11. Visvanathan A, Hamilton A, Brady RRW. Smartphone apps in Microbiology – is better regulation required? Clin Microbiol Infect. 2012;18(7):218–20.

12. Hamilton A, Brady RRW. Medical professional involvement in Apps in Dermatology. Brit J Dermatol 2012;167(1):220–1.

13. O’Neill S, Brady RRW. Colorectal Apps; opportunities and risks. Colorectal dis. 2012;14(9):530–4.

14. Blackmur JP, Clement RGE, Brady RRW, Oliver CW. Surgical training 2.0: How contemporary developments in information technology can augment surgical training. Surgeon. 2013;11(2):105–12.

15. Srikanth P, Rajaram E, Sudharsanam S, Lakschmanan A, Mariappan U, Jagannathan K. Mobile phones: emerging threat for infection control. J Infect Prev. 2011;11(3):87–90.

16. Medicines and Healthcare products Regulatory Agency (MHRA). Competent Authority (UK). Bulleting No. 10. The Classification Rules. Updated June 2011.

17. Food and Drug Administration (FDA). Draft Guidance for Industry and Food and Drug Administration Staff. Mobile Medical Applications. Draft Guidance. July 2011.

18. Ettelt S, Nolte E, McKee M, et al. Evidence-based policy? The use of mobile phones in hospital. J Public Health Res. 2006;28(4):299–303.

19. Bring Your Own Device: New opportunities, new challenges. Gartner special report. Published August 2012. Available at: Document?doc_cd=238131&ref=g_noreg

20. Morgan M, Pugsley L, Bullock A, Phillips S, Stacey M. Evaluating trainee doctors’ educational use of a personal digital assistant: a pilot study. Br J Hosp Med (London) 2010;71(8):461–4.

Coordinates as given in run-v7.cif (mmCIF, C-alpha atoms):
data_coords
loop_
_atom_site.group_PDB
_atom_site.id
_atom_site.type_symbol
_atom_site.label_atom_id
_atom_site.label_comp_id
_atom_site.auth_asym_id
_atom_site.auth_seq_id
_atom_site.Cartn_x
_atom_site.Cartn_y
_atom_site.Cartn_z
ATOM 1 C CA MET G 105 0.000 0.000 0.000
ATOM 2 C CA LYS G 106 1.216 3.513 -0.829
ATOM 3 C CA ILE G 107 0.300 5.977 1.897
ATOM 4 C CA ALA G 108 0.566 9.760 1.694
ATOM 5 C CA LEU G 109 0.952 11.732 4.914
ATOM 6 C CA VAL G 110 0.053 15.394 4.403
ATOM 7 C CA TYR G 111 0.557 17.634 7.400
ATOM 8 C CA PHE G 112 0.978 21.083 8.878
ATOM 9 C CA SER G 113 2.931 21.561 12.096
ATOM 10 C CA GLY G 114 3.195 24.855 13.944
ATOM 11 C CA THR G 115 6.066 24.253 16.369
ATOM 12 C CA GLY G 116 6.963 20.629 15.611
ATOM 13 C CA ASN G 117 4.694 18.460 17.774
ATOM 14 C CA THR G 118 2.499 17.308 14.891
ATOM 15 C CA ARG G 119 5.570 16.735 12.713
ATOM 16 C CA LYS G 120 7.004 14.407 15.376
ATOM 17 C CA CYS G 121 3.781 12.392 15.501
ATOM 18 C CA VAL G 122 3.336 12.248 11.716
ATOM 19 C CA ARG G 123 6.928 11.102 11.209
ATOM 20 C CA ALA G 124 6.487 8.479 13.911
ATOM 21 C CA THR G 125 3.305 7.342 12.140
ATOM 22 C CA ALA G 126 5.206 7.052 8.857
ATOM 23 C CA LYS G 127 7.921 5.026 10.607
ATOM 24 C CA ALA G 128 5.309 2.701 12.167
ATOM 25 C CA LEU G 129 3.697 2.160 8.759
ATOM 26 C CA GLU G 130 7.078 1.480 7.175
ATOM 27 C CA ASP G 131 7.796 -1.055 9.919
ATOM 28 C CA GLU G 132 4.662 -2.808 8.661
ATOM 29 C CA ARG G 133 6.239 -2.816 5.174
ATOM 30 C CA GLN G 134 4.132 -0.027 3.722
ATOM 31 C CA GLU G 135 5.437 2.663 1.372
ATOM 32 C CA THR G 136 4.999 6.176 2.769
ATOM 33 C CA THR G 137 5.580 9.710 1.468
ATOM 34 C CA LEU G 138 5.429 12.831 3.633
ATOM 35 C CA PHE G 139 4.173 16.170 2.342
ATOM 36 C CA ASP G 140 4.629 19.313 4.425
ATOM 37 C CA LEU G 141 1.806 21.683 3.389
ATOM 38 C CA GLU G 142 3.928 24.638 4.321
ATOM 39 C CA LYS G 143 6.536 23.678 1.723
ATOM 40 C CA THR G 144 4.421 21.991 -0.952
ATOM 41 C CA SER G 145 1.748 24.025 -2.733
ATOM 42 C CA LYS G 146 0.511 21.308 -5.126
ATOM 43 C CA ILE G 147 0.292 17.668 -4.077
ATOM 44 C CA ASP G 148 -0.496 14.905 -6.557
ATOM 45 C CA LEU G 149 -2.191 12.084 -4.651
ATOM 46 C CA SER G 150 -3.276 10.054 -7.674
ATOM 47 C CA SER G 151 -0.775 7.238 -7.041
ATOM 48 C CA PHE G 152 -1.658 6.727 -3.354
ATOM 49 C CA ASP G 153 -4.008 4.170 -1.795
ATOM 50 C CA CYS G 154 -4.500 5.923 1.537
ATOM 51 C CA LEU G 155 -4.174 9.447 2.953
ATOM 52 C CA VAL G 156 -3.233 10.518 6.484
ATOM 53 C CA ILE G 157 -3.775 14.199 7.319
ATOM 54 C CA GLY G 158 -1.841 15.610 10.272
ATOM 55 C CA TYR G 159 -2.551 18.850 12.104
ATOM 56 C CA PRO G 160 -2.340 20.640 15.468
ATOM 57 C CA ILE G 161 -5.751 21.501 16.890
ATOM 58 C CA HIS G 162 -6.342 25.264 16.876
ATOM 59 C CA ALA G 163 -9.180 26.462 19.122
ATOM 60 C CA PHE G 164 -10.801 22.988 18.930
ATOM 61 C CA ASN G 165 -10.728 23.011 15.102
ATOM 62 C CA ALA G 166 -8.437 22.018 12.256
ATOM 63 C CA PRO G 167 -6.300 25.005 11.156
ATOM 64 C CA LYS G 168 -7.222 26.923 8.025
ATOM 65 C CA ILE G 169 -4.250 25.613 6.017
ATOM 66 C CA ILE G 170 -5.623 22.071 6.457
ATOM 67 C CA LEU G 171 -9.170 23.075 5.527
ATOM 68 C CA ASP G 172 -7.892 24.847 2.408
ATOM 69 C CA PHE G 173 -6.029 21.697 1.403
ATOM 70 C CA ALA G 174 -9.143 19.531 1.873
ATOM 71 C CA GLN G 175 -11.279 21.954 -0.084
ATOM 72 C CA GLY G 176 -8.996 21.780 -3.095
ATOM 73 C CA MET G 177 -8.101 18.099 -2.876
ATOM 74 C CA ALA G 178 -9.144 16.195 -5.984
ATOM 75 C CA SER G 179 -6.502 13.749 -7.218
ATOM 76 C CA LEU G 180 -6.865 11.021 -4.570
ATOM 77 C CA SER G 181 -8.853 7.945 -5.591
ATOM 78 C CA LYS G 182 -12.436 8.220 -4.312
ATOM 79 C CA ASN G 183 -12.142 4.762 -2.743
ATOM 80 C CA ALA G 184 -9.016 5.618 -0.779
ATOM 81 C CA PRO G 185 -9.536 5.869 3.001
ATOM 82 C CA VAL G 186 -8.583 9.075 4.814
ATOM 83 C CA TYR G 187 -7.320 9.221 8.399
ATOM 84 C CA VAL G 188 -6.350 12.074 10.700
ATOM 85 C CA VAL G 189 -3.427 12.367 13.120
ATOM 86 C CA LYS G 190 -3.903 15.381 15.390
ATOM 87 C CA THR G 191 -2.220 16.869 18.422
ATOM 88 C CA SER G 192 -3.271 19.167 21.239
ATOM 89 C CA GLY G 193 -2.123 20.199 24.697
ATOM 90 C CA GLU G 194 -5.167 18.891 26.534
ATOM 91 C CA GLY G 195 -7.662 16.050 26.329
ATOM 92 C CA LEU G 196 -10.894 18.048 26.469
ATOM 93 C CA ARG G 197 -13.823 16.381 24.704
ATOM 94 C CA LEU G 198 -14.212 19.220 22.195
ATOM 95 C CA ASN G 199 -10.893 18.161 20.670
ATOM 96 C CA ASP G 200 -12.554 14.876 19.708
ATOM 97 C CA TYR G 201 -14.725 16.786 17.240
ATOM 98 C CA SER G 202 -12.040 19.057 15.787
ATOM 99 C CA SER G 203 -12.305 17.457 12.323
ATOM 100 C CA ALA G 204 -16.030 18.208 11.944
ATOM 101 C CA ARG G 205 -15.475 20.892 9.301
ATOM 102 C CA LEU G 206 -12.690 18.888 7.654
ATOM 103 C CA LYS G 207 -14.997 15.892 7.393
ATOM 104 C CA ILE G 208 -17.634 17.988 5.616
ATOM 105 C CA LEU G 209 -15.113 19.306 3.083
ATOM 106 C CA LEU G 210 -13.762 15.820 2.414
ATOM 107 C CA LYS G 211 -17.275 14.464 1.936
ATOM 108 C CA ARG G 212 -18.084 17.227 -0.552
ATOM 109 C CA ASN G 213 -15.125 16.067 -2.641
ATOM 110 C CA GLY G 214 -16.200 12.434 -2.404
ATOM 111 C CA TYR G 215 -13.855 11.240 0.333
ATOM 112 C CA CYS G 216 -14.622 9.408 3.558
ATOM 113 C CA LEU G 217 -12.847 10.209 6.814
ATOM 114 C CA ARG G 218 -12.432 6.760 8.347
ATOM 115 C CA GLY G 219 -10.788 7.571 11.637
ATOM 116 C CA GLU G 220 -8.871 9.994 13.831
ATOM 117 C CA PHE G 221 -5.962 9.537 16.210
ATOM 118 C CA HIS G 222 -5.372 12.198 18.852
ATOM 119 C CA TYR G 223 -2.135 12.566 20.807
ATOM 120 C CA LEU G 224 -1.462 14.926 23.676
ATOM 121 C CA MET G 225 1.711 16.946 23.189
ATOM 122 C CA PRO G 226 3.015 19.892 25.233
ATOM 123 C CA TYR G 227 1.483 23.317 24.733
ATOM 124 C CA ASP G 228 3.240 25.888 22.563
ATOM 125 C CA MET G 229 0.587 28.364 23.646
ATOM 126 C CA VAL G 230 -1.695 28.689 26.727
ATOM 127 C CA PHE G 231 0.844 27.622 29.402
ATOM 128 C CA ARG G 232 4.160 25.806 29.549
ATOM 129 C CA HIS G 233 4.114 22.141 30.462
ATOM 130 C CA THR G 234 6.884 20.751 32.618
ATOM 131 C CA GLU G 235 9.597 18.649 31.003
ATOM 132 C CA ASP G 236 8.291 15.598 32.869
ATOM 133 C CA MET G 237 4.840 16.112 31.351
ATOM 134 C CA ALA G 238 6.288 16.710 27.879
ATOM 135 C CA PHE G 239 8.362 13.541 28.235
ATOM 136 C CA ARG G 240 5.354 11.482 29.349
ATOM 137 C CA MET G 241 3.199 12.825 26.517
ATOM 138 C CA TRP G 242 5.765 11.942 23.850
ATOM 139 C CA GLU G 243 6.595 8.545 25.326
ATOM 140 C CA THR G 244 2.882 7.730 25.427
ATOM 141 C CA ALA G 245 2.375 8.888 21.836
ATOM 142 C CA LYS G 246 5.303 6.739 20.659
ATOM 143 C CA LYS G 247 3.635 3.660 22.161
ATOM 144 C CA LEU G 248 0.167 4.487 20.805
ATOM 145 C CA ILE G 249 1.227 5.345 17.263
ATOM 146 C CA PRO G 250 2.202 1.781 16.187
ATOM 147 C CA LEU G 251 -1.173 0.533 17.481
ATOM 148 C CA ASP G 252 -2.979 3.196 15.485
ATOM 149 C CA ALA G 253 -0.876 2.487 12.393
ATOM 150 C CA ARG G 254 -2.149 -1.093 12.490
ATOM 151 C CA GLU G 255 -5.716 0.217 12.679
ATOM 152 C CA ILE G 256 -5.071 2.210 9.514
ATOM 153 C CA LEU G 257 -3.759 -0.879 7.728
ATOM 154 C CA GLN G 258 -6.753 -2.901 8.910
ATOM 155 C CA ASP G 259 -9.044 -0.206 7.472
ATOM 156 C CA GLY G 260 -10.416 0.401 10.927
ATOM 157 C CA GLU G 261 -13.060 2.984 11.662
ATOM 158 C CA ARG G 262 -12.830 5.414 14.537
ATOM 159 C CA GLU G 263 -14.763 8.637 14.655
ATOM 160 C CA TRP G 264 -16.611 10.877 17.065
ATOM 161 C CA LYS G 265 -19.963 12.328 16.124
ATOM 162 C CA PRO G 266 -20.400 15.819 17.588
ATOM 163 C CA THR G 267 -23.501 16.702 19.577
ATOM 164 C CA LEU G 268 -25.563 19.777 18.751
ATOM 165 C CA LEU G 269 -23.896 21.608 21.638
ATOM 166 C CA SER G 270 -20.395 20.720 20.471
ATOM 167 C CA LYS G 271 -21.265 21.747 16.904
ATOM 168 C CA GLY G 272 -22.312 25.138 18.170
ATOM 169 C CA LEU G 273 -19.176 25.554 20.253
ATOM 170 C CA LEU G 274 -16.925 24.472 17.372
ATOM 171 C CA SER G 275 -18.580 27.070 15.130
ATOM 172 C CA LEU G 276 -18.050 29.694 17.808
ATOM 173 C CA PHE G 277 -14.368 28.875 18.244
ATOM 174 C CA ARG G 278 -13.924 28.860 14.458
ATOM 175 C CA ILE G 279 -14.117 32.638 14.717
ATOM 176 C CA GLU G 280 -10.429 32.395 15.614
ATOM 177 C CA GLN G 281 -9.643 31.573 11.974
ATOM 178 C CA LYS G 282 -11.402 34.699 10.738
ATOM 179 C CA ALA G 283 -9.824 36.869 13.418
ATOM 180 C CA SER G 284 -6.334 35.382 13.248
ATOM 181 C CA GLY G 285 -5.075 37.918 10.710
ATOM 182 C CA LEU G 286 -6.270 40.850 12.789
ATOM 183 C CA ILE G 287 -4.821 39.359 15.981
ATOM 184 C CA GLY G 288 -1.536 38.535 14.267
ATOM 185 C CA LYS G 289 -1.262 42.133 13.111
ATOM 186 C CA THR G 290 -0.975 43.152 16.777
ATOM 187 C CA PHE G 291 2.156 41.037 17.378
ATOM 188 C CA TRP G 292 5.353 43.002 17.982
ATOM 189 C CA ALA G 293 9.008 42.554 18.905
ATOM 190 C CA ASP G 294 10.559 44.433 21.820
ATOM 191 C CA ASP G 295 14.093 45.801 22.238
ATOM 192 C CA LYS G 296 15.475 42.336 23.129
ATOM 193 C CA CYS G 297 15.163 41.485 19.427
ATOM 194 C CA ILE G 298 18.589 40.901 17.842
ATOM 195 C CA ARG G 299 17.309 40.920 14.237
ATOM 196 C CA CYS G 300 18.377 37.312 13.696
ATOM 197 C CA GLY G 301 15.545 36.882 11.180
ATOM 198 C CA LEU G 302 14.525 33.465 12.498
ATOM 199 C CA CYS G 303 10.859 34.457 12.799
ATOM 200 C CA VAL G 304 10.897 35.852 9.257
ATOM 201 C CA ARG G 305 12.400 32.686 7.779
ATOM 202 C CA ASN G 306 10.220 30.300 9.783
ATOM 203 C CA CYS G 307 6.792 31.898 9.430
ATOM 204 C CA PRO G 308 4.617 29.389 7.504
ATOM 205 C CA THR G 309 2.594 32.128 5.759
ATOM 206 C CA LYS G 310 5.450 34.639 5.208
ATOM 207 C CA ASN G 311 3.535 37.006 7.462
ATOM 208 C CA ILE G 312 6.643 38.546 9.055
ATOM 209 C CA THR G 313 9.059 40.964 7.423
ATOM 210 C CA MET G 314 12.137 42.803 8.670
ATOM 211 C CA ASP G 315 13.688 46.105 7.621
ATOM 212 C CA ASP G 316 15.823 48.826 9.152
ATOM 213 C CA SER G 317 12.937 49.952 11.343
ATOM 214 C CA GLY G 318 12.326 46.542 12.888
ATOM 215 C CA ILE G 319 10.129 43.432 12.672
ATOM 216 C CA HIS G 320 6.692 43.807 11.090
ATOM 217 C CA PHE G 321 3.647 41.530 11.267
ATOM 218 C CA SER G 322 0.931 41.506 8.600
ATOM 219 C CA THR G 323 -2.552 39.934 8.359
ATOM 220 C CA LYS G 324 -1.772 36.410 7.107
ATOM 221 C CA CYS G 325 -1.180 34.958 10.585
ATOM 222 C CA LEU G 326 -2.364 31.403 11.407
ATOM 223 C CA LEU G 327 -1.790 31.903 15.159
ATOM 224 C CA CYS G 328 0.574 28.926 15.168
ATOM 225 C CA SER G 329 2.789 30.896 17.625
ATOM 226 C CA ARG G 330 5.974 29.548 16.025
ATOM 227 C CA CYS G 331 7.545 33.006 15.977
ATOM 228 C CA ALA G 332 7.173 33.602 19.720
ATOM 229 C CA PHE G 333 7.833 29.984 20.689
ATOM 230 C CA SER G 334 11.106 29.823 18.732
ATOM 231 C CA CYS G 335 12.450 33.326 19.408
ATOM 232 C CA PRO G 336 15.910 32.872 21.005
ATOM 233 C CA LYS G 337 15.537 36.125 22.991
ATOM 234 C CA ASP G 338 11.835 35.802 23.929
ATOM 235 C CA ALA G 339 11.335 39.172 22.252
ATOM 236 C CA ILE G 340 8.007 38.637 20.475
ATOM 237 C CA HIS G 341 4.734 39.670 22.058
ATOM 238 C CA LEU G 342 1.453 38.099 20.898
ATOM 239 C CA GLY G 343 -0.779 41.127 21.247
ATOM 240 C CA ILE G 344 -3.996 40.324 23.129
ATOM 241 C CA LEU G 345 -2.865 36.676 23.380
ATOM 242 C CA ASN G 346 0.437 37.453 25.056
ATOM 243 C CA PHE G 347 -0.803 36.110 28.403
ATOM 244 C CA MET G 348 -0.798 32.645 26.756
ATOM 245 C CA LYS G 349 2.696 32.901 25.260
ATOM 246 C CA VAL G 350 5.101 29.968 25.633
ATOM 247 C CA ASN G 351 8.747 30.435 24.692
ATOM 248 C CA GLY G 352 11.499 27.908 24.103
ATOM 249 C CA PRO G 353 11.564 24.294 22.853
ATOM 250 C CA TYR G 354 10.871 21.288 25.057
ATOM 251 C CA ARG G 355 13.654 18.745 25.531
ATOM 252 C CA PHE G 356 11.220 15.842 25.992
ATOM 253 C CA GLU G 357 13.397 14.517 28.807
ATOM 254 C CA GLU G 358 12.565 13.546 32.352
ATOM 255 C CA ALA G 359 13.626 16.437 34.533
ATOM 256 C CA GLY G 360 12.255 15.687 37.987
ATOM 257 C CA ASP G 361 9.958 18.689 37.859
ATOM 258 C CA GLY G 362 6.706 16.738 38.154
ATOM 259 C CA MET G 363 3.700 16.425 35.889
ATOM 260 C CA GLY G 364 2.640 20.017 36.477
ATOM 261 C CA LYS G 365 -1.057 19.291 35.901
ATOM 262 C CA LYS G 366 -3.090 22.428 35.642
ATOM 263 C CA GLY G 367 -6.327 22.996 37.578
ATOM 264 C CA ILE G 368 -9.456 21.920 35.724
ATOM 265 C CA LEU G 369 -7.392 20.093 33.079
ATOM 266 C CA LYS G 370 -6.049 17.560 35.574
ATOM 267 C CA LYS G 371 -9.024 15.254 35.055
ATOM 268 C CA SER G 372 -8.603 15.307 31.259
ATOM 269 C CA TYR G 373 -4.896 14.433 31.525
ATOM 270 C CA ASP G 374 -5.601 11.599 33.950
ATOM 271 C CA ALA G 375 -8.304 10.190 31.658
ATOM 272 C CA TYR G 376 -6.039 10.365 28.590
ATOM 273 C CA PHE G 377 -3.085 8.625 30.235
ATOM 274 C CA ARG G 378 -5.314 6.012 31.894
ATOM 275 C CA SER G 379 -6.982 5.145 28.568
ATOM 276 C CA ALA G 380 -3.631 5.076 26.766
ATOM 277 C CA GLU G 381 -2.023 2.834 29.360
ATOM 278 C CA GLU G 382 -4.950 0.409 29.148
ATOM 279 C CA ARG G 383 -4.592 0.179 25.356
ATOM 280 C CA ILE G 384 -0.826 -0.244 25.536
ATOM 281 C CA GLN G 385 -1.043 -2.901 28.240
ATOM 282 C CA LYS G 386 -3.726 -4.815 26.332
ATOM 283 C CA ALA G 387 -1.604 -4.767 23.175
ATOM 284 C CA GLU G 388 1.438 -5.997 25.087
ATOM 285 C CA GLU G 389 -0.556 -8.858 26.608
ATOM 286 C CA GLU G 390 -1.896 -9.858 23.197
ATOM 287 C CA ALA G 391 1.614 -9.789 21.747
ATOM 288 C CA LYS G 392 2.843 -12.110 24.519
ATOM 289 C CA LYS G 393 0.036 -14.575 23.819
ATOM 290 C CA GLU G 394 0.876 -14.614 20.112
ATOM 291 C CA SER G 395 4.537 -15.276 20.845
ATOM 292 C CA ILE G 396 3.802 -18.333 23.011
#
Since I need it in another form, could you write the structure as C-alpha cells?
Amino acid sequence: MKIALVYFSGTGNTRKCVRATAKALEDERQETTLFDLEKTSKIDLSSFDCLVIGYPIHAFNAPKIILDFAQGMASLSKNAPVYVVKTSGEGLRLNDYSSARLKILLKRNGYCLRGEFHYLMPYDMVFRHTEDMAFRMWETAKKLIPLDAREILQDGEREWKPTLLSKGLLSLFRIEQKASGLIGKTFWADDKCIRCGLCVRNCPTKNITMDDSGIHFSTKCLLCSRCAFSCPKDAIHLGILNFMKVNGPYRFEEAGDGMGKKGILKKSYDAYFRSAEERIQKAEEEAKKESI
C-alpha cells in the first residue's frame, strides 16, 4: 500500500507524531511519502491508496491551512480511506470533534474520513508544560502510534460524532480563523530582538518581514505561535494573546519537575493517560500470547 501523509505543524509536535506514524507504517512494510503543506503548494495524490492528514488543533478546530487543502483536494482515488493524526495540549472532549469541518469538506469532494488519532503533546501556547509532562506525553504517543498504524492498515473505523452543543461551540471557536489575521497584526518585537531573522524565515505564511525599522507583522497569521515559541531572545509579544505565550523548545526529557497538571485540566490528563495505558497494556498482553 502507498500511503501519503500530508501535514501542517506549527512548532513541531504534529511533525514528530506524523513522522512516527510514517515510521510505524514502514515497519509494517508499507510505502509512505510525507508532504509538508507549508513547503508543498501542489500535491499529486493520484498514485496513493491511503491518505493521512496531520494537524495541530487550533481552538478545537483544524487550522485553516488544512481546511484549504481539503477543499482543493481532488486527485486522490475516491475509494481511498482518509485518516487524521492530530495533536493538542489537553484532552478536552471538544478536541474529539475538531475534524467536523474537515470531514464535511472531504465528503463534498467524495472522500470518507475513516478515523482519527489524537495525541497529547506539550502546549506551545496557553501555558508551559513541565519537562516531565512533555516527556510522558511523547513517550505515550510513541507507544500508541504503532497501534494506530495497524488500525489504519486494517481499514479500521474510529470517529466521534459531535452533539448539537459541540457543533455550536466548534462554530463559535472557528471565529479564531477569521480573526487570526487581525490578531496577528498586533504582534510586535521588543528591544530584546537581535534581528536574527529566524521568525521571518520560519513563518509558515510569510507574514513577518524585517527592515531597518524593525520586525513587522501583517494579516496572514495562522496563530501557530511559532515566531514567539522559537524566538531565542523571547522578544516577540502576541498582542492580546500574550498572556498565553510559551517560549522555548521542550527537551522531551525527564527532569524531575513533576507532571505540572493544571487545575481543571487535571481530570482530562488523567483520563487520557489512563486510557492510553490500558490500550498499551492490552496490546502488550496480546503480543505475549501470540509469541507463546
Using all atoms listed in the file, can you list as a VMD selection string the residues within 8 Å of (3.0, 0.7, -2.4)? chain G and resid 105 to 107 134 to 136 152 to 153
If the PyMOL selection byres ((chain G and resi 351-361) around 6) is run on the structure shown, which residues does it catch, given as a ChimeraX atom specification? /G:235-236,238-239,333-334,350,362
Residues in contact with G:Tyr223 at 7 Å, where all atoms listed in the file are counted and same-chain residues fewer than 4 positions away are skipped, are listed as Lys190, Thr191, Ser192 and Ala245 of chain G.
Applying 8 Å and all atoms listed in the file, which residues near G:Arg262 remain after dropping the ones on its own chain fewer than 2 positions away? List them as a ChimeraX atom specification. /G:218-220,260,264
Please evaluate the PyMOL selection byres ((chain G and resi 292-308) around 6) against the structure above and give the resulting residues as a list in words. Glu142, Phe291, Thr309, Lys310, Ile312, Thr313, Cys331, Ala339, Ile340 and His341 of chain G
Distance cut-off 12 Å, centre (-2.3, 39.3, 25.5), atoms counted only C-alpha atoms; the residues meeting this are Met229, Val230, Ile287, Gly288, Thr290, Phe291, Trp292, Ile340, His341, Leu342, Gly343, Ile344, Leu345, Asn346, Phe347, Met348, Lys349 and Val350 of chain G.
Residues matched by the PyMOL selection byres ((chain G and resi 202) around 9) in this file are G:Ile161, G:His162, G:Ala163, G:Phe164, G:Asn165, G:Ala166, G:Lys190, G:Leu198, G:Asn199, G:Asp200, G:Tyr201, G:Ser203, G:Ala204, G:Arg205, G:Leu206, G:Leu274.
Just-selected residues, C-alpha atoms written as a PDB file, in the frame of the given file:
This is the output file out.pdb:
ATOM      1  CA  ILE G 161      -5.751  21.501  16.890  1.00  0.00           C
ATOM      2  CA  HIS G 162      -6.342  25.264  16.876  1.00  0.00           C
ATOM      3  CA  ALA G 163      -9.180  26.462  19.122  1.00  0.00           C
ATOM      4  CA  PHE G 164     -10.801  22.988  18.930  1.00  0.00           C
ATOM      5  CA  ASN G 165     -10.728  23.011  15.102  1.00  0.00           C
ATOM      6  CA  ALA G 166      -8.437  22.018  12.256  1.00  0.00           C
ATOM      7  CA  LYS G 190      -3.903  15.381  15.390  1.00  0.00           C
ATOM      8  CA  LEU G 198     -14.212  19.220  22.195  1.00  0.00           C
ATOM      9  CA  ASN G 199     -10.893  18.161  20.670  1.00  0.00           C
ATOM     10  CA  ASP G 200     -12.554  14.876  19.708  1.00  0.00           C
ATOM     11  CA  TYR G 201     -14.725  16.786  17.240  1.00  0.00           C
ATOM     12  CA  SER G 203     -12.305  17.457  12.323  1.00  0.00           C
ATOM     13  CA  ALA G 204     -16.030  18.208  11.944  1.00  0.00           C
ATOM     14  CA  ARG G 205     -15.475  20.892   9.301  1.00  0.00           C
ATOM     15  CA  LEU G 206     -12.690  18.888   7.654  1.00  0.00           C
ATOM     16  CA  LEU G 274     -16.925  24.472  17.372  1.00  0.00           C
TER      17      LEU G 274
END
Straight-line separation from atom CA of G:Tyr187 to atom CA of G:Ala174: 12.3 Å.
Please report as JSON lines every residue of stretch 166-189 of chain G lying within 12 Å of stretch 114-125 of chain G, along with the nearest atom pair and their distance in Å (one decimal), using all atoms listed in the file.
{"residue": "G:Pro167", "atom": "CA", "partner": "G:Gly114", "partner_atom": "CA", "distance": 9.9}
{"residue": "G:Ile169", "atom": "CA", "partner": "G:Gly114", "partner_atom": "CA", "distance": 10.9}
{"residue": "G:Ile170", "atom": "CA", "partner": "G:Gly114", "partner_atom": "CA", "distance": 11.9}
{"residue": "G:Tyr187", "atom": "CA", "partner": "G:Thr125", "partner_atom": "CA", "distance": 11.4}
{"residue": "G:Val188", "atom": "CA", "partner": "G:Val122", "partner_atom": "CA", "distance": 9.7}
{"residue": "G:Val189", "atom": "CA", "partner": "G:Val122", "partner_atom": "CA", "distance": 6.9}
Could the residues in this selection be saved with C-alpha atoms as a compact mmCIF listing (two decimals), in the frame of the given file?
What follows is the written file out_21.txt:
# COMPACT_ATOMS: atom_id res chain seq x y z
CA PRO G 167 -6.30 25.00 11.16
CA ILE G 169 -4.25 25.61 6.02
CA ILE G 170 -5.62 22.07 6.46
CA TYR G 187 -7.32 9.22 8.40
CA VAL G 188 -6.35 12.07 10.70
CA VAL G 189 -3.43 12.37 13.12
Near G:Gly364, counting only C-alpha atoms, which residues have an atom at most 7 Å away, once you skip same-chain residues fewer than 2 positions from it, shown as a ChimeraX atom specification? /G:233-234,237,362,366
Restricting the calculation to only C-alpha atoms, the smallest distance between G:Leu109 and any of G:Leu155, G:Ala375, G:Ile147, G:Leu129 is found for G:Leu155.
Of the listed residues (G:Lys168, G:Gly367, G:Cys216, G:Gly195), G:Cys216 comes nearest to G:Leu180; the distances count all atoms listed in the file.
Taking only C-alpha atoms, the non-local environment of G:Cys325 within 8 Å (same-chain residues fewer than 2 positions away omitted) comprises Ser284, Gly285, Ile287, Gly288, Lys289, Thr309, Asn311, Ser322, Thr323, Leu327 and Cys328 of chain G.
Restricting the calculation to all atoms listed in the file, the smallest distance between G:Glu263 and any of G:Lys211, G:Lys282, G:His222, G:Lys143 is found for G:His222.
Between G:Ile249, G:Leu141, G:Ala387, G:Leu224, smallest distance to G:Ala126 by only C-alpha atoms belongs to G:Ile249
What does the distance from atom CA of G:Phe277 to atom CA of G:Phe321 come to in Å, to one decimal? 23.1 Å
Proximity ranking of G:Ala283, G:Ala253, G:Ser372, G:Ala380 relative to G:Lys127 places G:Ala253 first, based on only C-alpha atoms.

21. McKee R. The Intercollegiate Surgical Curriculum Programme. Surgery. 2008;26(10):411–6.

22. Bosslet GT, Torke AM, Hickman SE, Terry CL, Helft PR. The patient-doctor relationship and online social networks: Results of a national survey. J Gen Intern Med. 2011;26(10):1168–74.

23. Decamp M. Physicians, social media, and conflict of interest. J Gen Intern Med. 2012. [Epub ahead of print] Available at:

24. United Kingdom General Medical Council (GMC). Doctors’ use of social media: A draft for consultant. Accessed January 15, 2013.

25. Wright KB. Researching Internet-based populations: Advantages and disadvantages of online survey research, online questionnaire authoring software packages, and web survey services. J Comput Mediat Commun. 2005;10(3):11.

Appendix A: Electronically distributed questionnaire

Thank you for taking a few moments to fill out our questionnaire. We are aiming to assess the use of smartphone medical apps by surgical trainees working in Scotland. With a better understanding of this usage pattern we are hoping to improve standards of patient care through appropriate application of smartphones in the clinical environment.


1. What year of surgical training are you currently in?

a. CT1-CT2/ST1-ST2 b. ST3-ST5

c. ST6+       d. Research/fellowship

2. In which specialty are you currently working?

a. General    b. Vascular  c. Urology

d. Orthopaedics   e. Plastics   f. Paediatrics

g. ENT     h. OMFS   i. Cardiothoracics

j. Neurosurgery

3. In which Scottish deanery are you currently working?

a. North  b. East  c. South-East  d. West

4. Gender

a. Male  b. Female

5. How old are you?

a. <25  b. 25–30  c. >30

Smartphone possession

6. How many mobile phones do you own?

a. None  b. 1  c. 2 or more

7. Do you use your mobile phone in the workplace environment?

a. Yes  b. No

8. Which mobile phone operator do you use?

a. Orange/T-mobile  b. Vodafone  c. O2

d. 3-mobile      e. Virgin   f. Prefer not to say

g. Other

9. Do you own a smartphone? (A smartphone is a communication handset, which enables Internet access and the download/use of applications)

a. Yes  b. No

10. Which brand of manufacturer?

a. Apple™  b. Nokia      c. Blackberry™